Topic: What was the root cause of the Civil War?
I want to teach about the different causes for the Civil War. The kids have some prior knowledge of the topic already – they know it may involve slavery and economics – and they know the North “won”. I am going to step back from “lecturing” on the topic and let students explore, collaborate, and develop their own theory/position with lots of support. Then, we are going to publish an article and/or present the findings to a local audience. We may even turn it into a brief play. Through my process, I want to capitalize on their questions and wonderings about the causes. Some of these questions might lead us to VERY new places – that is where the 21st Century skills come to fruition.
Let students collect reading selections from a variety of sources (they could go to the library and find actual books and articles or even search the web). I should be able to find many primary sources from the period. They need to read and comprehend these sources. This can take the form of group work or group reading and summarization.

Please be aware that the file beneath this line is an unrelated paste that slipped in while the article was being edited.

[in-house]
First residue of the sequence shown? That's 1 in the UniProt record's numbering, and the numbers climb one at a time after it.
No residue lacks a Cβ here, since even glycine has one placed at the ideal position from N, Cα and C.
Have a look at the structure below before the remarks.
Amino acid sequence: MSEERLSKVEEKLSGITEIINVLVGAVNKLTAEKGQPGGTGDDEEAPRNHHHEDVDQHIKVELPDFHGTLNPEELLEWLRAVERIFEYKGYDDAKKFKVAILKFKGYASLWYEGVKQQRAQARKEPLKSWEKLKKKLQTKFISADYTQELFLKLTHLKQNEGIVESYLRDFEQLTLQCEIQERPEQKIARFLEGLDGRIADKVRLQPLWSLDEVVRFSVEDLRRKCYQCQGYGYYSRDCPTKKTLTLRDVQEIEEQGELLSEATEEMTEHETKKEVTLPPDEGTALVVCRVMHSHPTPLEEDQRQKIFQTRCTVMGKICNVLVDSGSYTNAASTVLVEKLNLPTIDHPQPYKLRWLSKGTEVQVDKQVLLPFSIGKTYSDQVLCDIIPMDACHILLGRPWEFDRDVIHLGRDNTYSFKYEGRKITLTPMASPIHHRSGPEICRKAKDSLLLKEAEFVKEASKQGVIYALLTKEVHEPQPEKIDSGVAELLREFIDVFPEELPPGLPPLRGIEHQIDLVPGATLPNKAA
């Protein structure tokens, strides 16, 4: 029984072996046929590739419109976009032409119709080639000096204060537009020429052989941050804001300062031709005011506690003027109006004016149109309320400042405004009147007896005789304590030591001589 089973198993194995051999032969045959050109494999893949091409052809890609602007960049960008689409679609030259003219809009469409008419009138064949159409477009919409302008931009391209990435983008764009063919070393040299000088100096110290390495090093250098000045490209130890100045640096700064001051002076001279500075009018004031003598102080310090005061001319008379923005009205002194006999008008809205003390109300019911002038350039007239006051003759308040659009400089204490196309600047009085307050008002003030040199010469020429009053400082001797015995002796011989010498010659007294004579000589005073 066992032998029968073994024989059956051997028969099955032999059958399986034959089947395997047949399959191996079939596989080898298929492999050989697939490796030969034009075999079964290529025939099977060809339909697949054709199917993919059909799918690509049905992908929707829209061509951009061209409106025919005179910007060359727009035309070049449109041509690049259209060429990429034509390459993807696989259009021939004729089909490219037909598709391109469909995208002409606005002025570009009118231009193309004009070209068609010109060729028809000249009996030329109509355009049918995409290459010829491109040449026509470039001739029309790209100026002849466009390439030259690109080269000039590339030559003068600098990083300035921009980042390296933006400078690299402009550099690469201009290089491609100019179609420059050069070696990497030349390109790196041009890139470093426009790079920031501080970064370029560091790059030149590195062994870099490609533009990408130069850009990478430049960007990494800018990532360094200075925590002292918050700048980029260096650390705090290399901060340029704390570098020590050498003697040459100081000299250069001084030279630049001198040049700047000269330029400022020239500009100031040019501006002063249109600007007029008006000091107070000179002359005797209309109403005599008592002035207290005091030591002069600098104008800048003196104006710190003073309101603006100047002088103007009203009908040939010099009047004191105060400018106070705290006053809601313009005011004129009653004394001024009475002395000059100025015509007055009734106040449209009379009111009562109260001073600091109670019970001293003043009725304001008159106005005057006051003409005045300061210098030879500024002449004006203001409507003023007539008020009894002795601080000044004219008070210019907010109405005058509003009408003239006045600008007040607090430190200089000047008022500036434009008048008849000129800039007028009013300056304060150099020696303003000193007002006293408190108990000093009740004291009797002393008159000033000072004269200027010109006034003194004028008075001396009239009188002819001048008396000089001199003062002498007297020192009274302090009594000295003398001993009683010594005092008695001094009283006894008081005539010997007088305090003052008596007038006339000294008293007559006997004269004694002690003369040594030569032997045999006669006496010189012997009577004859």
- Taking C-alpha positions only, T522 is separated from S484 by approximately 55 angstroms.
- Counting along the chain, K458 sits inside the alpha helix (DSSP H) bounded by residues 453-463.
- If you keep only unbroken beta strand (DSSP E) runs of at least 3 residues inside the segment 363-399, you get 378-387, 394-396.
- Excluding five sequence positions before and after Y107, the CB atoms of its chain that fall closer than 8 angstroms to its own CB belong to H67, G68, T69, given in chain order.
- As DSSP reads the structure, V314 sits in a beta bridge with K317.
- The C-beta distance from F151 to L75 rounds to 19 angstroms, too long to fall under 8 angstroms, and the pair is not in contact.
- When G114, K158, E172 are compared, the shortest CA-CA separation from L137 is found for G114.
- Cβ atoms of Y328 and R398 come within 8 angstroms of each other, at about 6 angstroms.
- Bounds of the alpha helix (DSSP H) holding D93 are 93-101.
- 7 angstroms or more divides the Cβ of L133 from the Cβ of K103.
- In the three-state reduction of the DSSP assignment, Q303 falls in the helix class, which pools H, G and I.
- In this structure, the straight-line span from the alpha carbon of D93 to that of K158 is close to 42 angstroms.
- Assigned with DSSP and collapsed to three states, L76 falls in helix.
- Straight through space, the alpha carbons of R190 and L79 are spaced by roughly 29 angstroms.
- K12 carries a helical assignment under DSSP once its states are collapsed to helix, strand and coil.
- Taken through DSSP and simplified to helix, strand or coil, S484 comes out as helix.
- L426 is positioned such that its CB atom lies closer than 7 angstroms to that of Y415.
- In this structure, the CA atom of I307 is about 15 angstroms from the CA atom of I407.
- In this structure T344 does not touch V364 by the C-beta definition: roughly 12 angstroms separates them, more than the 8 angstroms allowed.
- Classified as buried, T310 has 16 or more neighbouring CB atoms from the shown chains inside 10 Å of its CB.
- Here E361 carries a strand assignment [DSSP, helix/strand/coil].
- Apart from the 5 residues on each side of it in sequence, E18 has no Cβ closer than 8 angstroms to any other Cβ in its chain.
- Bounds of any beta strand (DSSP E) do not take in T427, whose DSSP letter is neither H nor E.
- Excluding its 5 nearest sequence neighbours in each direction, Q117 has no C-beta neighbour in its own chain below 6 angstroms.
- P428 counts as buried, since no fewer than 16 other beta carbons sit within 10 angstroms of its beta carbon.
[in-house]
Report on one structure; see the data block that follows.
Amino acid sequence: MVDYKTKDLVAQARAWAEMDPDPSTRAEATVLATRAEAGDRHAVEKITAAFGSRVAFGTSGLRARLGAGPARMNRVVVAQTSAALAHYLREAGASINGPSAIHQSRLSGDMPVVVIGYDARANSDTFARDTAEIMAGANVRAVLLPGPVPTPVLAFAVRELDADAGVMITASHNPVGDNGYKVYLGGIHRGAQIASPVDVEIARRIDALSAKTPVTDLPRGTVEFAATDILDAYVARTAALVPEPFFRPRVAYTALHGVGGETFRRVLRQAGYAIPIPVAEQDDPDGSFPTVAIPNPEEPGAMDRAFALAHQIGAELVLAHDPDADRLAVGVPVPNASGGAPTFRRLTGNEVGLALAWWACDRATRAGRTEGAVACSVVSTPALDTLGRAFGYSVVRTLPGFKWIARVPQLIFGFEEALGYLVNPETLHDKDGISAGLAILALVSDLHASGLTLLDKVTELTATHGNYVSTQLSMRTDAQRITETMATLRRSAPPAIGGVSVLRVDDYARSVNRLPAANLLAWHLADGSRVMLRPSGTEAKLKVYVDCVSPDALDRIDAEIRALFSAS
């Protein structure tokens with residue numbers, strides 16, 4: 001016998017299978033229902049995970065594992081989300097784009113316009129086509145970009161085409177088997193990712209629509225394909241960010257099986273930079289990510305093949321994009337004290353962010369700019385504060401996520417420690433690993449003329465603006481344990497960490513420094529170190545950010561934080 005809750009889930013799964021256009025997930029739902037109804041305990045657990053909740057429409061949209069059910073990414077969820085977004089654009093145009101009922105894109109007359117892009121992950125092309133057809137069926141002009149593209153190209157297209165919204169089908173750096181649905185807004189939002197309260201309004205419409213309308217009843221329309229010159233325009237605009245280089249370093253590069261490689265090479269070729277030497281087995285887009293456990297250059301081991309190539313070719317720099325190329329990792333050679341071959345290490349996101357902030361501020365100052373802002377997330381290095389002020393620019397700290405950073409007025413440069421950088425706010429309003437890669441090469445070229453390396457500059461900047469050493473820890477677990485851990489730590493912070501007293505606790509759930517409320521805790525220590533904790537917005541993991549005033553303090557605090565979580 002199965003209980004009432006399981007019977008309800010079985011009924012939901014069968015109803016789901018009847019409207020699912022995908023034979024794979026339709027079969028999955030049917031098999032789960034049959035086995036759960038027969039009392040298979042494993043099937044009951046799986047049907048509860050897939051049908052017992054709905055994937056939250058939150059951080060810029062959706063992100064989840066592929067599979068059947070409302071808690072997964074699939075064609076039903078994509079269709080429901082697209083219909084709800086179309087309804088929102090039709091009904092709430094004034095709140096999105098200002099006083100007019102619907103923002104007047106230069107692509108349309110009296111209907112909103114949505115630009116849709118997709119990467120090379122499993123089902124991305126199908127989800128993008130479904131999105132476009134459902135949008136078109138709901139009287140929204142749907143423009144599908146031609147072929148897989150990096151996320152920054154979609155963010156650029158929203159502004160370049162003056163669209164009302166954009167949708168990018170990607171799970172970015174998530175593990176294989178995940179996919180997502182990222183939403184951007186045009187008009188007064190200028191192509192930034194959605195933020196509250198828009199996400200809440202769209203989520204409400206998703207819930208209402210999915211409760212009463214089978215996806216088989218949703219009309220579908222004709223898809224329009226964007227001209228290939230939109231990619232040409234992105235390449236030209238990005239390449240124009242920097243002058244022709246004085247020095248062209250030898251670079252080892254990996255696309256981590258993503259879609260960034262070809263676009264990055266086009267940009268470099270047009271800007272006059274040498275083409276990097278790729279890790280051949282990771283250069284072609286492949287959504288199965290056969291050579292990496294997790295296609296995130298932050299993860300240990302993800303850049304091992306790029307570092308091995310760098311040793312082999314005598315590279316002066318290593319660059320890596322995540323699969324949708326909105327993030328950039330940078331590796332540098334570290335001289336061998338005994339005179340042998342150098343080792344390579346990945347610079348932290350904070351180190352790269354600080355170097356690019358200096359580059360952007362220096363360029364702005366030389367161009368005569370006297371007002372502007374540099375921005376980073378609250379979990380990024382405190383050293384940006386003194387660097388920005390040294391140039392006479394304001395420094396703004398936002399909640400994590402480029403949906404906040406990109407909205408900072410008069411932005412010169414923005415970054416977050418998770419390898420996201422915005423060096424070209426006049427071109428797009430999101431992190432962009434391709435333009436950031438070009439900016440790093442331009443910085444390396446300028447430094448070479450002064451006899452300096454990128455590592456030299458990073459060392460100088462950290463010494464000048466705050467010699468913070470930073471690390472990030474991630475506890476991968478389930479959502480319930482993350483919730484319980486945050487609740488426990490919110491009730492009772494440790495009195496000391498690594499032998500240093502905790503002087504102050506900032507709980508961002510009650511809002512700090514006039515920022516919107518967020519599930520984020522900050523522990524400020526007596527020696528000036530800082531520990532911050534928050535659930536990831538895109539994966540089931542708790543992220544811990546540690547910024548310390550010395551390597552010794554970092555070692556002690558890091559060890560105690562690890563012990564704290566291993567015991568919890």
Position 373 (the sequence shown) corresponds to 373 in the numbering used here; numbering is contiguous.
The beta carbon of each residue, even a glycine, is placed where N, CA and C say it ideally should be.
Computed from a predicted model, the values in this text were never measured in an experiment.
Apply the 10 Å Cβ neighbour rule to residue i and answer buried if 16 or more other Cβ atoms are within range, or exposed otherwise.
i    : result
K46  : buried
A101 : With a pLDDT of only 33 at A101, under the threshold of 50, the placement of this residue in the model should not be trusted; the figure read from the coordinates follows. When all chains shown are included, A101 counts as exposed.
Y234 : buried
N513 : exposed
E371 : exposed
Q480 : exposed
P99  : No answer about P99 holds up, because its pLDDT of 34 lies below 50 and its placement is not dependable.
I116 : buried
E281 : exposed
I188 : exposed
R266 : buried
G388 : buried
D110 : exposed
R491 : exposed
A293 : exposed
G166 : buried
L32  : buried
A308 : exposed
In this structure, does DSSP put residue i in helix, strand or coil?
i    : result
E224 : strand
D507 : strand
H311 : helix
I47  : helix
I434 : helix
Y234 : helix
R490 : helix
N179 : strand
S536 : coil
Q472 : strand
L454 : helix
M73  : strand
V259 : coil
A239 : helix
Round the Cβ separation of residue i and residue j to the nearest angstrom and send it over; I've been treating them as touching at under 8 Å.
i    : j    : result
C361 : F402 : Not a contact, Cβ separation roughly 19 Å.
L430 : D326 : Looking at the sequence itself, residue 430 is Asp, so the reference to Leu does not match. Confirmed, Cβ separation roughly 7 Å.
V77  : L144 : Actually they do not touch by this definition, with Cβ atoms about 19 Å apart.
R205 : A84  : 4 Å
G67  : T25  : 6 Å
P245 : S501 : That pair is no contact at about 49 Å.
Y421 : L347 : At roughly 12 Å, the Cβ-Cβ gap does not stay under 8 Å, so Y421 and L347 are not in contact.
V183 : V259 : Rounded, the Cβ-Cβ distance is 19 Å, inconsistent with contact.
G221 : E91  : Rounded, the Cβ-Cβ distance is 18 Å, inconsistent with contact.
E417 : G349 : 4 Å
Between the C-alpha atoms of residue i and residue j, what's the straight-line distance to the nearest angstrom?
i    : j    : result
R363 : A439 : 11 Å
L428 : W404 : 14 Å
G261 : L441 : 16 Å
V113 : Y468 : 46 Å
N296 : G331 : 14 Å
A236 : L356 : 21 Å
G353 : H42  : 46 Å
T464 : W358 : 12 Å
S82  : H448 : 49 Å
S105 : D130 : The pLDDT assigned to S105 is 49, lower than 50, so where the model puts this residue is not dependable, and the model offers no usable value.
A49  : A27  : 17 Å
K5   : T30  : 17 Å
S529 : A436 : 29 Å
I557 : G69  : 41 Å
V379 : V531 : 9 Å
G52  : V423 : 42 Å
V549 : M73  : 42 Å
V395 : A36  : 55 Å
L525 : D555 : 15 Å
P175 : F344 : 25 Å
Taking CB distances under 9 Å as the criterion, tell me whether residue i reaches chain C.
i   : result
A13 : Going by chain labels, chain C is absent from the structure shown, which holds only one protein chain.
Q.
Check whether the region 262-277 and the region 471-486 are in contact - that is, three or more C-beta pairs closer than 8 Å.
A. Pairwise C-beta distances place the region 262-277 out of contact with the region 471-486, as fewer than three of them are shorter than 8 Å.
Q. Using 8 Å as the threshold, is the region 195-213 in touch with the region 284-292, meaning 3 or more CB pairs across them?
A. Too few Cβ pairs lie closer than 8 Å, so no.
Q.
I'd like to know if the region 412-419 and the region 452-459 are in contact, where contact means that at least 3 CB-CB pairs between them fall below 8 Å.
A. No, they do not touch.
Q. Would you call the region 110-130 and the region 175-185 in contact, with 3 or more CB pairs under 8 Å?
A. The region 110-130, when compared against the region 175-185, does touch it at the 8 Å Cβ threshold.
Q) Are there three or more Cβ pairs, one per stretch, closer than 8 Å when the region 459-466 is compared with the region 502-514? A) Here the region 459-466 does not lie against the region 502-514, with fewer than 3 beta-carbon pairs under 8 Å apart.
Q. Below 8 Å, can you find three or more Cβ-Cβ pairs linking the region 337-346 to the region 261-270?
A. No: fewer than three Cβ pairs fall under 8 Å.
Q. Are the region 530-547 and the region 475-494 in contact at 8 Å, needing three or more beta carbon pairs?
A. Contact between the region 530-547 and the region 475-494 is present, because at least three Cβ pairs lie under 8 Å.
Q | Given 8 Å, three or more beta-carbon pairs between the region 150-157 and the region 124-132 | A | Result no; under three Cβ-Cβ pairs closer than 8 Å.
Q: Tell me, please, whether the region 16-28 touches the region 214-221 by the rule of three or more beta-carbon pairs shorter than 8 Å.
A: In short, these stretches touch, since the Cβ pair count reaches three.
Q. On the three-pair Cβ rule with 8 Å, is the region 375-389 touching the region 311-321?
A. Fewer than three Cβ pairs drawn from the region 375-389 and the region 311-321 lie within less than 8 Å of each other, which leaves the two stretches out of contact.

After reading the various selections and primary sources, I want them to re-read and classify all of this information. Collect this information in a notebook or on notecards. They could even go on a field trip to visit a Civil War re-enactment to get different perspectives.
Groups would try to determine what the author cites as the reasons for the war, focus on the author’s perspective. Label or “tag” everything for sorting out later. We may even need to designate whether it is a “major” or “minor” cause. This will require lots of discussion and even some debate. Looking at the frameworks that others have used might be helpful in a mini-lesson. They could make their “major/minor” causes more complicated or more simple – it will depend on their decisions.